4 expert reviews - 0 user reviews
We have collected 4 reviews of the Dell Inspiron Zino HD. Experts rate Dell Inspiron Zino HD 7/10. Reviewsor.com helps you find reviews, best prices, user reviews of the Dell Inspiron Zino HD and Dell Barebones.
Dell's new $750 Inspiron Zino HD features beefier specs than the model we saw previously, and with a Blu-ray drive and upgraded graphics power this is now an especially capable living room PC. Despite its bolstered features, the Zino's slow computing performance makes it look expensive compared with a a Mac Mini or competing Windows-based living room PCs. We can recommend the Zino if you're looking for a small Windows-based PC with a Blu-ray drive to serve up content to your living room with little setup hassle. If you want computing performance over living room capability, or if you're comfortable making hardware upgrades to an existing system, you can find better value in other small computers in the same price range. Dell offers the Zino in a variety of configurations, from the $300 baseline model, all the way up to this $750 build. Dell dubs the $750 version the "Ultimate Entertainment" model on its Web site, and it's your only option if you want a Zino with a Blu-ray drive. You can configure this version further with more RAM, a larger hard drive, or even a different color for the removable plastic top plate, but you must also accept the AMD Phenom II X4 processor and the upgraded ATI Mobility Radeon HD 5450 graphics chip.
Hardware: small but full of connectivity Dell is hoping to win customers over with a plastic case that, although bigger than the Mac Mini, comes in a range of different colours. The look you go for varies in price from £20 to £30 depending on the design you choose, but it's up to you to decide whether that's a deal breaker or a useless extra. When you're doing office work, the produced by the fan is minimal, and you can't hear anything at all if you're more than a metre away. Noise levels pick up when the computer is tackling more challenging apps, but the fan never becomes a nuisance. The Blu-ray drive spins very quickly and makes a lot of noise when you're installing software or loading a game, but it soon calms down. You can hear it when you're watching a movie too--the PC comes with PowerDVD DX--so you should keep your distance if you don't want to be too disturbed by it. Even the most basic version comes with a and a USB adaptor, which is a shame as that means one of the four USB ports is taken up straight away. We could done without that, of course, and it also spoils the stripped-down look a bit. A built-in chip would have been a much better choice.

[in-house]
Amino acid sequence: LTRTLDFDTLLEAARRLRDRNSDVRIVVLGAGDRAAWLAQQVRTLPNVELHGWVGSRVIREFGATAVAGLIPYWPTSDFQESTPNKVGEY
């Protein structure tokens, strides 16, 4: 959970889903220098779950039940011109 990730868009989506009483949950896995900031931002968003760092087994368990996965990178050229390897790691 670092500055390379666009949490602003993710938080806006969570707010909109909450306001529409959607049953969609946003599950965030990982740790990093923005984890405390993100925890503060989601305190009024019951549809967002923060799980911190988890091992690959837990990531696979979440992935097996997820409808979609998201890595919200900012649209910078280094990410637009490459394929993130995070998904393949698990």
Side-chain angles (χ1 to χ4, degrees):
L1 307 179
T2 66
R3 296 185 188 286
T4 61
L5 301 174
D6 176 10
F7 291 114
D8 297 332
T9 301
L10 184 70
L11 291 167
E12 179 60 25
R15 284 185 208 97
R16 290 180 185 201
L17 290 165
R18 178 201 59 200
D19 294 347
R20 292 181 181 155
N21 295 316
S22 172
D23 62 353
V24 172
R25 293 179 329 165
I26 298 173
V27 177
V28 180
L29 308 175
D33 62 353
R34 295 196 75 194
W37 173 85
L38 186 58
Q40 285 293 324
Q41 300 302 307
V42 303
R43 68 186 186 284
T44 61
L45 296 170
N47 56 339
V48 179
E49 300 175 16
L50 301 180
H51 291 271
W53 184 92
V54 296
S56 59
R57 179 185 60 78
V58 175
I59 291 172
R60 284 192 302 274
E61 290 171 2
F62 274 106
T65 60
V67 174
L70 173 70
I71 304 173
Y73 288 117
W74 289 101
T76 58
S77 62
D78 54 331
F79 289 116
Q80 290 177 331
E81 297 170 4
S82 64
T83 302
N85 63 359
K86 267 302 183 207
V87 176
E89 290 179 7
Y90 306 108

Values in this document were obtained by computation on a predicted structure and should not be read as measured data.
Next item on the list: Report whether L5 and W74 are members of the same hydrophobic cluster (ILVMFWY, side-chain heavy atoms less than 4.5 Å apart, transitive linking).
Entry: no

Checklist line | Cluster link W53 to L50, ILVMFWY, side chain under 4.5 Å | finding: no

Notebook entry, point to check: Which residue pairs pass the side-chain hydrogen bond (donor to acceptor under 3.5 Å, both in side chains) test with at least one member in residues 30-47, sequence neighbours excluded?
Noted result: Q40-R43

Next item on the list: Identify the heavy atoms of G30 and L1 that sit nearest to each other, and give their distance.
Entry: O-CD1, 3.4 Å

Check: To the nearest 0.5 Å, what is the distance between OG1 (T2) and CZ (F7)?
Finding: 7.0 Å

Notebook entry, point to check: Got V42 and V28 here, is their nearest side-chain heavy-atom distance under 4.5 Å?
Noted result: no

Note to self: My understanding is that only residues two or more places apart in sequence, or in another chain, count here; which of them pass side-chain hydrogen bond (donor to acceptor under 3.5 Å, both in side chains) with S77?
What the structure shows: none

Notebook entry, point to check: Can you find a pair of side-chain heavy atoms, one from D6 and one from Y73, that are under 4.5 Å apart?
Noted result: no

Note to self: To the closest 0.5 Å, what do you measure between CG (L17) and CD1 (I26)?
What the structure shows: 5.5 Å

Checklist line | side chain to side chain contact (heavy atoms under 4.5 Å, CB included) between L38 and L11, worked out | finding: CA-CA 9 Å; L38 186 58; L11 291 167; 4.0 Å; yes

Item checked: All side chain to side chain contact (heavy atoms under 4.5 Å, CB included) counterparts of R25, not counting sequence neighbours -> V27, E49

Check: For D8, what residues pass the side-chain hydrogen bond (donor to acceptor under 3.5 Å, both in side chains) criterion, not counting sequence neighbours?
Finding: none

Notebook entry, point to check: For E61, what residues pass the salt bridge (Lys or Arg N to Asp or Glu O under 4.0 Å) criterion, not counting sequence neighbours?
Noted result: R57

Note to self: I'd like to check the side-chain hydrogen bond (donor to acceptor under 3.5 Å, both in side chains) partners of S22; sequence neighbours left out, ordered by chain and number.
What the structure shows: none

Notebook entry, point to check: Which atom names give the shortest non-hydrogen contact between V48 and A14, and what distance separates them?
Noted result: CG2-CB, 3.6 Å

For the last couple of years, Dell's foray into the small-form-factor desktop market was its successful mini-tower (with the emphasis on "mini") Studio Hybrid. But with Dell's latest small-form-factor entry, the Inspiron Zino HD, out goes the vertical mini-tower and in comes the horizontal square--7.8-inches wide by 7.8-inches deep to be exact, and a mere 3.4-inches tall. Like the Studio Hybrid (which Dell still sells), the Inspiron Zino HD (a.k.a. the Inspiron 400) is a solid little machine, with decent mainstream performance, and geared towards budget-minded consumers. Similar to how you could change the Studio Hybrid's looks by swapping out different-colored sleeves, the Inspiron Zino HD can switch personality with the snap of new color or pattern lid. Of course, other than the default "Piano Black" lid, you'll have to pay extra for any of the Inspiron Zino HD's other color ($15 each) or pattern ($30) lids. And with a starting price of $249, the Inspiron Zino HD can give any number of nettop PCs a run for their money. Tags: SFF, HTPC, Dell Inspiron Zino HD, small-form-factor desktop, home theater PC, replaceable lids, stylish PC
The ideal home-theater PC is capable of dishing out high-definition media, while remaining unobtrusive--qualities the Dell Inspiron Zino HD excels at. The miniscule 8-by-8-inch shell will fit about anywhere you can think of, is whisper-quiet, and can hook up to your HDTV or computer monitor using its HDMI or VGA connections. It also has two eSATA ports and four USB slots (perfect for connecting external hard drives full of media), and a multiformat media card reader makes it convenient to view photos on the big screen. The Zino HD starts at $250 and scales up to specs that include a 1TB hard disk. The $557 (as of February 1, 2010) configuration we tested had Windows 7 Home Premium 64-bit, 802.11n Wi-Fi (important for streaming HD video), 320GB of storage, and 3GB of DDR2 memory. While most of the minidesktops we see use some variant of Intelâ??s Atom processor lineup, Dell has gone with a dual-core, 1.5-GHz AMD Athlon 3250e CPU. And what a difference this makes. The Inspiron Zino HD scored 59 in our WorldBench 6 test suite, placing it among the best-performing mini-PCs we've tested.